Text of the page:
The actions of two petty saboteurs fighting for social justice in the face of capitalism, a seamy English business man in love with Germany and a distracted young man who has come to West Berlin ostensibly to dodge military service, are played out against the back drop of political change that climaxes in the fall of the Berlin Wall.
Mario and Daphne carry out almost insignificant atrocities against the plague of 'yuppy' cafés spreading across West Berlin in the name of Class War. Daphne has met Friedrich hitching from Cologne with Peter Picker, an English man who plans with Friedrich to bring about the collapse of communism in the DDR by introducing the drug Ecstasy.
The book continues as a series of barely connected events, linked principally to the main protagonists and their pasts. As the Berlin Wall collapses, each of them has to reassess as the political system and status quo that they fought or sheltered under changes forever.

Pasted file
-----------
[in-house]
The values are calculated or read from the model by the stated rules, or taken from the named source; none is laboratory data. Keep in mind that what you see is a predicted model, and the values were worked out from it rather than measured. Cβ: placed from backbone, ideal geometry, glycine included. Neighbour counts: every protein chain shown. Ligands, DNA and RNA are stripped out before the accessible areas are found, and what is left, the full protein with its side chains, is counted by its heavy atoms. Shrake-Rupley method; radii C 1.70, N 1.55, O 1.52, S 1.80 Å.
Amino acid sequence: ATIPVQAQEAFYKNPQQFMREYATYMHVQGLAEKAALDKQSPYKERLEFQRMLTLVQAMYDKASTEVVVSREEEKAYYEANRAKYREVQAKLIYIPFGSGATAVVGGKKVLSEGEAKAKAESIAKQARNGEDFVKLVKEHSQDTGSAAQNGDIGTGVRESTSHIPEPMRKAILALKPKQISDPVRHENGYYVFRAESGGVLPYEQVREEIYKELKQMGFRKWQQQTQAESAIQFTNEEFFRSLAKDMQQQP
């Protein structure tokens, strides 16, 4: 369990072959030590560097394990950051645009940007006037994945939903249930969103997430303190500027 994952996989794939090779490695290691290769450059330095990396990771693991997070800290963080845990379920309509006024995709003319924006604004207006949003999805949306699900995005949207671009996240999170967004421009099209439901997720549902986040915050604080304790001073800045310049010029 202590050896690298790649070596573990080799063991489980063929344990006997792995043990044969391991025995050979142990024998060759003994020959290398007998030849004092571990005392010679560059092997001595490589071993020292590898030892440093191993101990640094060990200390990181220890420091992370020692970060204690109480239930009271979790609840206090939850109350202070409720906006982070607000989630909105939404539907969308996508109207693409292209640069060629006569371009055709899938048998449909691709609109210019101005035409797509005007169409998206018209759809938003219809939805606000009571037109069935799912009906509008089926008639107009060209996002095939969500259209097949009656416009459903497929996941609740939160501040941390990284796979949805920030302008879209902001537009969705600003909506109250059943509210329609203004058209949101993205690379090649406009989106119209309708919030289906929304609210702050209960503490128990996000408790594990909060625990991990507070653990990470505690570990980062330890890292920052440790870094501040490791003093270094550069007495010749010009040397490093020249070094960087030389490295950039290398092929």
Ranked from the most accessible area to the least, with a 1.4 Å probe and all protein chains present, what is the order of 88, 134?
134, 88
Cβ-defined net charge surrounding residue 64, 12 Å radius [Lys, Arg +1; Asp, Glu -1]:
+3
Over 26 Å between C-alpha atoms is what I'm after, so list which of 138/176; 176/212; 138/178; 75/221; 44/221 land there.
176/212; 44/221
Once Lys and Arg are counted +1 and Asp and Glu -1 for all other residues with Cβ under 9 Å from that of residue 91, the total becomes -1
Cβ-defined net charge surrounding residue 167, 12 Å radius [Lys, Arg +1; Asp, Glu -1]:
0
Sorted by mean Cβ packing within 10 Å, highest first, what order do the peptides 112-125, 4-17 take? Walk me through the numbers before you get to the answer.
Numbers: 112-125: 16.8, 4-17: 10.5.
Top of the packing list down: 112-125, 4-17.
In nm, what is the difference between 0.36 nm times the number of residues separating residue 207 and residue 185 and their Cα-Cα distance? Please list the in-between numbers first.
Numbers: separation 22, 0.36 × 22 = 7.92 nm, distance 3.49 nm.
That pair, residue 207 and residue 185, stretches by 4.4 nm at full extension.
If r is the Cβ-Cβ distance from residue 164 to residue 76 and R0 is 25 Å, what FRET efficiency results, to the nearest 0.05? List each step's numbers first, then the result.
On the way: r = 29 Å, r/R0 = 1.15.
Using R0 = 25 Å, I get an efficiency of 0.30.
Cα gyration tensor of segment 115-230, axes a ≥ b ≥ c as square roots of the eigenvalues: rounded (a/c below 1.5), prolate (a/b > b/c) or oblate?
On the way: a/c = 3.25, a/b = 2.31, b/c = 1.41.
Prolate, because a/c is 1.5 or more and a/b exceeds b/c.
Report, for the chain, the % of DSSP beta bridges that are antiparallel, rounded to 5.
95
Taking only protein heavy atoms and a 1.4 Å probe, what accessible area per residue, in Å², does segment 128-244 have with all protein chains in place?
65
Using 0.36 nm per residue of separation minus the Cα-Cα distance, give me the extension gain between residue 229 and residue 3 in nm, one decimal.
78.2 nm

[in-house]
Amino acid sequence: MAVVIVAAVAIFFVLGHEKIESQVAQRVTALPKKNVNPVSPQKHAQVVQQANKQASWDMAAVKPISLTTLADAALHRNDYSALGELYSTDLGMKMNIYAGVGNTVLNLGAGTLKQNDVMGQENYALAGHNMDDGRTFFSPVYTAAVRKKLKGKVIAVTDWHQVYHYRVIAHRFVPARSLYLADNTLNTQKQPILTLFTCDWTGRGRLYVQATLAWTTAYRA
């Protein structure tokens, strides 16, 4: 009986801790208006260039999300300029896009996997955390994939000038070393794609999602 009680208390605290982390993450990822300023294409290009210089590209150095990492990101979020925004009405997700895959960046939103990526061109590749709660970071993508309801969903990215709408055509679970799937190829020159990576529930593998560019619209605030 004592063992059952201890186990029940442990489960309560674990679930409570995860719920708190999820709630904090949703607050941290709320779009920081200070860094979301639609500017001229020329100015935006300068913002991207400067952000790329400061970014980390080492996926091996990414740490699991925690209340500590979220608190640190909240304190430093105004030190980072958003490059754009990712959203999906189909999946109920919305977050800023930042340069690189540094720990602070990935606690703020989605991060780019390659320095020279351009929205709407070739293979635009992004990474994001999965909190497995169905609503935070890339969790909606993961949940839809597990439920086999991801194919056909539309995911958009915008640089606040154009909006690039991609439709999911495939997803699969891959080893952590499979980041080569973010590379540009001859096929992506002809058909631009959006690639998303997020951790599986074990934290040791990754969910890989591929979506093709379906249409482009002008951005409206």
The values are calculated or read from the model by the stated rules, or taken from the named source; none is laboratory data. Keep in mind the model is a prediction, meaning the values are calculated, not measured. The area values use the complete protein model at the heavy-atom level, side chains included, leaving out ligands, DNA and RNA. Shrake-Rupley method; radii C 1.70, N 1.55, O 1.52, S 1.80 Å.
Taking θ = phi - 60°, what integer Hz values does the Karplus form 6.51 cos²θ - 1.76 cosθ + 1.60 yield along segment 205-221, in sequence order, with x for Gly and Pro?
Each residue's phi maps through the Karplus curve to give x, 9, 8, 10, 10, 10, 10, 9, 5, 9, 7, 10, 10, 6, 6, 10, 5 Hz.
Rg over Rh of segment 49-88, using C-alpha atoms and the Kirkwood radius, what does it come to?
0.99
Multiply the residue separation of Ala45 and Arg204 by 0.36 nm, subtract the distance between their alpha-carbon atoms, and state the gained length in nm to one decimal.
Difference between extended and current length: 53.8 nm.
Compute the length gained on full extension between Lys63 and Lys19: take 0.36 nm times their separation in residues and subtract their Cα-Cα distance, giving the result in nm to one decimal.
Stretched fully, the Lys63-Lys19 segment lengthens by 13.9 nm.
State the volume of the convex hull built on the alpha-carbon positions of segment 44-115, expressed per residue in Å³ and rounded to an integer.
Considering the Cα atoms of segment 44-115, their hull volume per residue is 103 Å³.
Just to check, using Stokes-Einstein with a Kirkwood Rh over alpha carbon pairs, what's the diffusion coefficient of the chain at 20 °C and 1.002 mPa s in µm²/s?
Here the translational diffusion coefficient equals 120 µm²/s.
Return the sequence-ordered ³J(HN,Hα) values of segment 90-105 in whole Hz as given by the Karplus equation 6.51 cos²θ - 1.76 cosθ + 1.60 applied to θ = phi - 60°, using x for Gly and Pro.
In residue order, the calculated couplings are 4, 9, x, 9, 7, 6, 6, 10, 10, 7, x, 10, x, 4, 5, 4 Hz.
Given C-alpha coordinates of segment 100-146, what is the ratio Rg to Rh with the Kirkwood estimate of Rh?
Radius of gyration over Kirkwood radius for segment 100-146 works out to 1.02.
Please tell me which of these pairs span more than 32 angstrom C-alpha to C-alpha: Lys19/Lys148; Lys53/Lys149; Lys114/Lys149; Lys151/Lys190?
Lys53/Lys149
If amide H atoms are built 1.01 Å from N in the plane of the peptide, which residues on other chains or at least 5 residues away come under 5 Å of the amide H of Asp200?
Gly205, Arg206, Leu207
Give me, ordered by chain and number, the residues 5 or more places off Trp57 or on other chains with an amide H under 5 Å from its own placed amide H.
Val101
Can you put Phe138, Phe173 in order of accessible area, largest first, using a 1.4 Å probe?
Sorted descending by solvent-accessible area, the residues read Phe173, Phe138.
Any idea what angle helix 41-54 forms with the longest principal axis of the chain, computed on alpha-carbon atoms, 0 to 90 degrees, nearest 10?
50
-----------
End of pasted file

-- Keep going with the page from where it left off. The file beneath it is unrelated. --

But is anyone ever 'pleasured'? The encounters seem nearly devoid of emotion, as meaningless as they are apparently random. In this respect, Hensher seems too far detached, and prone to let his prose ramble. Then he returns with an insight into his characters, into love, into Germany itself, that goes someway into justifying this ambitious book.
As one of the most important events at the end of the twentieth century unfolds, Hensher questions the impetus behind it, curiously comparing the state endorsed destruction of the Wall with the endorsement of hatred and destruction by a different German state that resulted in Crystal Night over fifty years previously.
But it is in the minutiae, the day to day details of the lives of those who people the book where Hensher succeeds most. This is where the reader can truly be 'pleasured'.